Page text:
1. Apply for a FEIN (Federal Employer Identification Number)
  2. Register all employers (including yourself) and your staff to the state (ensure you register new employees as you welcome them)
  3. Register with EFTPS (Electronic Federal Tax Payment System)
  4. Find a payroll schedule and add new employees according to their skill set
  5. Record payroll totals
  6. Stay informed with restaurant laws and regulations, i.e. taxable income: state income taxes, state and federal employer taxes, federal unemployment taxes, payroll taxes, labor laws, etc.
  7. Look into disability insurance if needed
  8. Reach out for legal advice and tax advice
  9. Offer an employee discount and other employee benefits
  10. Offer flexible hours / schedule

Employee payroll is done in a few steps:

  1. Find out their hours
  • Hourly payroll, calculated on an employee's hours worked and their hourly rate (the total amount you pay your staff for each hour).
  • Salaried payroll, calculated as a payroll period (monthly, bi-weekly, weekly) multiplied by a fixed salary.

2. Find out their gross & net pay

  • Gross pay: calculate the salaries made before any taxes or withdrawals
  • Net pay: calculate the salaries received after payroll taxes and other deductions have been made

3. Find out their total payroll deductions and taxes combined

  • Payroll tax: the total sum of federal, state, and local taxes that an individual or company has to pay on earned income in order to avoid paying more at the end when filing annual returns. Different payroll taxes are withheld by employers for Social Security, Medicare, and FUTA (Federal Unemployment Tax Act) payroll taxes.
  • Total payroll deductions: the total sum of payroll withholdings that an employee has to pay on wages in order to avoid paying more at the end when filing annual returns. The following payroll withholding amounts are taken from paycheck for federal income tax, state income tax, city income tax, and payroll taxes.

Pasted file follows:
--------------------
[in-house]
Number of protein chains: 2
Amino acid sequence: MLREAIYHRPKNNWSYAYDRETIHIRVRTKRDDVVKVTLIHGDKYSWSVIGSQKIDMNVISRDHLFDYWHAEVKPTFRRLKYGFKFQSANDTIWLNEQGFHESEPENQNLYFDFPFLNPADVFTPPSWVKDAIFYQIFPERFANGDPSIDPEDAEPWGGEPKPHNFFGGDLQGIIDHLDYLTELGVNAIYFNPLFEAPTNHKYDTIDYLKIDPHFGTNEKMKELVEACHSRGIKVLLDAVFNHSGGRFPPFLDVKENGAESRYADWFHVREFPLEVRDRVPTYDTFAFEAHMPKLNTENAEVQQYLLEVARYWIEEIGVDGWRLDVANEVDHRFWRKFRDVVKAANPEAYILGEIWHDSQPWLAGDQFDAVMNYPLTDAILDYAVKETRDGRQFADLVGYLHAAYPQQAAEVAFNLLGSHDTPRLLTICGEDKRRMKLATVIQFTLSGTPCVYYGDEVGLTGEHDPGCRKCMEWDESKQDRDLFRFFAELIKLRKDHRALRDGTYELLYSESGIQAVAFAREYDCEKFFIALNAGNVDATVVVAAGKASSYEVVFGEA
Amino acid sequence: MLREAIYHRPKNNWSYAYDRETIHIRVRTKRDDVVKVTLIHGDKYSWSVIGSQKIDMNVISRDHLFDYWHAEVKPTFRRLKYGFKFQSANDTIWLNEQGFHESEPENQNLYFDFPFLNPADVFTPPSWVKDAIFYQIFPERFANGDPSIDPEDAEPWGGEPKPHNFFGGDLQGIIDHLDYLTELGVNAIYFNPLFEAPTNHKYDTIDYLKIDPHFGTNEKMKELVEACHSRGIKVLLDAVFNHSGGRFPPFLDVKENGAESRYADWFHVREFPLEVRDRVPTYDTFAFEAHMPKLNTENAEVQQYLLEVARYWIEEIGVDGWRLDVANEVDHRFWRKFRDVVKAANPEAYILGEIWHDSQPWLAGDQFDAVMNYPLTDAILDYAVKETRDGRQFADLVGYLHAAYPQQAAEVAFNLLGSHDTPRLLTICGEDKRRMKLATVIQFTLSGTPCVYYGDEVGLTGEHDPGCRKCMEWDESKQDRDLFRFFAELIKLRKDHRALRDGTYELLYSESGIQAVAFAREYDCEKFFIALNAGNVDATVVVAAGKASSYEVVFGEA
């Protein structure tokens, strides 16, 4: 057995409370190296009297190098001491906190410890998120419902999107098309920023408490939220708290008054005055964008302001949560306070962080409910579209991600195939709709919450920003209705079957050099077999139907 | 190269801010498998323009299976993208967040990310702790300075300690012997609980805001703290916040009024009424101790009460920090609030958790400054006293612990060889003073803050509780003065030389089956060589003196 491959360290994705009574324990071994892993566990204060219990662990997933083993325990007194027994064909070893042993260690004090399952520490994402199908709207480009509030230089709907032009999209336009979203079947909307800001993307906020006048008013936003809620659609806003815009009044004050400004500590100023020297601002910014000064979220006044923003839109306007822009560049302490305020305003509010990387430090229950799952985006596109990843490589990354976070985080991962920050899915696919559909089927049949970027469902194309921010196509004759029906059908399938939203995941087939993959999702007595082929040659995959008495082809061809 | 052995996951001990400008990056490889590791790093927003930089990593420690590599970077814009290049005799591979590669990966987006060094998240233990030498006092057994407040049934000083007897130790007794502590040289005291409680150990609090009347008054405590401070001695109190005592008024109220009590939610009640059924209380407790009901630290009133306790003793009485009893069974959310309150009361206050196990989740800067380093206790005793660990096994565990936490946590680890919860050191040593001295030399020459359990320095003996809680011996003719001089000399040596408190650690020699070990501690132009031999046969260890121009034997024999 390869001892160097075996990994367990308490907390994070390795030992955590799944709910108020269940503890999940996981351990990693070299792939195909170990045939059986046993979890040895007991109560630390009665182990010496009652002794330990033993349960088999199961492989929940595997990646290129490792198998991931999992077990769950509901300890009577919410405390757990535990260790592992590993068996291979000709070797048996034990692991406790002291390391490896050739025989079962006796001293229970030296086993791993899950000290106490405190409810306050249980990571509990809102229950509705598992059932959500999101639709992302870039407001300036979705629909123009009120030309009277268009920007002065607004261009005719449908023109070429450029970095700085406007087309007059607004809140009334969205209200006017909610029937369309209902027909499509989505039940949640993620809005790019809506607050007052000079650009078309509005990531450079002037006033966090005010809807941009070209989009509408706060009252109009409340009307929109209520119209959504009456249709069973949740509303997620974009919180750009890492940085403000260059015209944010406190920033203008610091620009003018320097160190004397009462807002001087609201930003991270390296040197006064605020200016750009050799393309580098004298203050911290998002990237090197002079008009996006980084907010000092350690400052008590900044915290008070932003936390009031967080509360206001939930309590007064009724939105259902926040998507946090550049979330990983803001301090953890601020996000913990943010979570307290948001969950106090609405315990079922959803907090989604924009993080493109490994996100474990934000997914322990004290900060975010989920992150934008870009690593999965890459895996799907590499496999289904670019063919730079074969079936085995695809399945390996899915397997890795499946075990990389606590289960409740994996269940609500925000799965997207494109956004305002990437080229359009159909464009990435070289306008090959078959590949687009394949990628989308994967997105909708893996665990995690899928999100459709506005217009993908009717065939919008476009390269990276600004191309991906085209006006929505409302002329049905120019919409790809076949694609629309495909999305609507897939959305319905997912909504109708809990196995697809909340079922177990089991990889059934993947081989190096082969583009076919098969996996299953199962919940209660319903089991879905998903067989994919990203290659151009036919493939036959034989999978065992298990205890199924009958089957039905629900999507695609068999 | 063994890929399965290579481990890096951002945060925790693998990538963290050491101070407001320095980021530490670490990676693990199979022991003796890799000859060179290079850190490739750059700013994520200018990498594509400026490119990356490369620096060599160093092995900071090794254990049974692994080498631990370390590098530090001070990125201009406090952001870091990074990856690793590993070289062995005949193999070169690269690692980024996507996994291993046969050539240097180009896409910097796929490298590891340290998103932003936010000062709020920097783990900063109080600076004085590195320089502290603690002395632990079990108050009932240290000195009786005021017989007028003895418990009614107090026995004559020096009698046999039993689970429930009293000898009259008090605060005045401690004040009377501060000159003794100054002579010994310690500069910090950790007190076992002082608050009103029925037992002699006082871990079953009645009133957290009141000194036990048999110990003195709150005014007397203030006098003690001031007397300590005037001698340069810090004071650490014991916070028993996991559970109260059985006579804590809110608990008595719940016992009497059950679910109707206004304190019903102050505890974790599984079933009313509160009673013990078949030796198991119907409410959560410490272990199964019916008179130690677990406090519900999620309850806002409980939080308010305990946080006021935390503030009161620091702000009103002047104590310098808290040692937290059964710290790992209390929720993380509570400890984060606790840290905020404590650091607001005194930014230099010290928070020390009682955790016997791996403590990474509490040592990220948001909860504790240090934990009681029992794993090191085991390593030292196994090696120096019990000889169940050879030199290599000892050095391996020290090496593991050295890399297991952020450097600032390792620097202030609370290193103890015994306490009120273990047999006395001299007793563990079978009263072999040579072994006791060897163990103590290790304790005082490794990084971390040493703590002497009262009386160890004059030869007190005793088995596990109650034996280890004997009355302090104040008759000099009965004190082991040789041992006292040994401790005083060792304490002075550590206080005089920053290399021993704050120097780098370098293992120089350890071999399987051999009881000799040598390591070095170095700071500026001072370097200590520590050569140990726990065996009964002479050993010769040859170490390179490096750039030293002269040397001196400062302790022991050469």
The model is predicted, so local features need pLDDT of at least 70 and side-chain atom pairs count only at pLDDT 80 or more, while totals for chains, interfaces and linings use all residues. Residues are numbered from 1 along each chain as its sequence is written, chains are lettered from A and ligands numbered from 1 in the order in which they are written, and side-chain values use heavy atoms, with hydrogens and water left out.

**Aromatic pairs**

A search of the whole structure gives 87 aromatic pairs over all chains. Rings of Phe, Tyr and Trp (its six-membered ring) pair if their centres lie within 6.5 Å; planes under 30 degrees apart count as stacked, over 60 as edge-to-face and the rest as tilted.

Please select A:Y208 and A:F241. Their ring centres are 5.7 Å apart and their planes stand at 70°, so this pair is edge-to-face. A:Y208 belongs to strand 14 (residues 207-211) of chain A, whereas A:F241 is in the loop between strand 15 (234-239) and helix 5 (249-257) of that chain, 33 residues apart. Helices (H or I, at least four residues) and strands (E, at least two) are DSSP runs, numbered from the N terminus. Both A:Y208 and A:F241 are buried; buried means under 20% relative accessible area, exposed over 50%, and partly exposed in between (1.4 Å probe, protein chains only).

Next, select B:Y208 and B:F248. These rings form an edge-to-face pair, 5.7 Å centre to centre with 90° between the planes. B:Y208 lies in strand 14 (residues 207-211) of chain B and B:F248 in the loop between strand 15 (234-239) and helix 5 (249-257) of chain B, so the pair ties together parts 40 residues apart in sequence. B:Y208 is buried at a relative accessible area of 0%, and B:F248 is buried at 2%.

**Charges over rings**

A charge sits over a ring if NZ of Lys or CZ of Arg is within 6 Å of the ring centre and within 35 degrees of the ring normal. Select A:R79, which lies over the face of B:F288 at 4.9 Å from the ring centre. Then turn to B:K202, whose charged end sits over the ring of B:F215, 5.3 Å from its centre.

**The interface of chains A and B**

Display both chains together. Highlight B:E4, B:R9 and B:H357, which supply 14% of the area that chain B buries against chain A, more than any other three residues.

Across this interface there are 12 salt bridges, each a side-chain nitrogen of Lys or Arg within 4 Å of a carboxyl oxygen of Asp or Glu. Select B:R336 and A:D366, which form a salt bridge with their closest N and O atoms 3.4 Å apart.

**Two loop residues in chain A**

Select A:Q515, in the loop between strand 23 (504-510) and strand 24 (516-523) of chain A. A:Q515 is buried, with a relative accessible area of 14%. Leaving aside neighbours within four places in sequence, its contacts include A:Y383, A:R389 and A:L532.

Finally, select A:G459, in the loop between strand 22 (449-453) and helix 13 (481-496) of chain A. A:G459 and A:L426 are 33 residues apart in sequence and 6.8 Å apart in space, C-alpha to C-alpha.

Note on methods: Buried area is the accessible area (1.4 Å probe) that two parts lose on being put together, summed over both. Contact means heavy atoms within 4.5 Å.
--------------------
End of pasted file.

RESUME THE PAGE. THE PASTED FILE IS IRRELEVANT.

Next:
Paying above the minimum wage requirements

The minimum wage in North America is roughly $12 per hour. However, many restaurants are paying their employees more than this and there's a good reason for it! If you're going to hire someone that works on your restaurant premises, they should be paid at least as much as what would be considered the "minimum wage" wherever you live.

A good reason for raising wages is because employees have higher levels of job satisfaction, it reduces employee turnover rates, and saves money by not having to constantly train new employees over and over again.

Some restaurants offer more than the minimum wage because it's also a great recruiting tool. If you are a restaurant in a major metropolitan area, and you want to attract quality candidates to work for you, try offering something beyond the minimum wage.

A lot of people will be willing to take a pay cut to work in the restaurant industry since they see it as an opportunity for them to move up in the ranks and eventually become head chef of their own restaurant one day. Giving employees a little bit more money can, of course, show appreciation and make them feel like they're valued employees.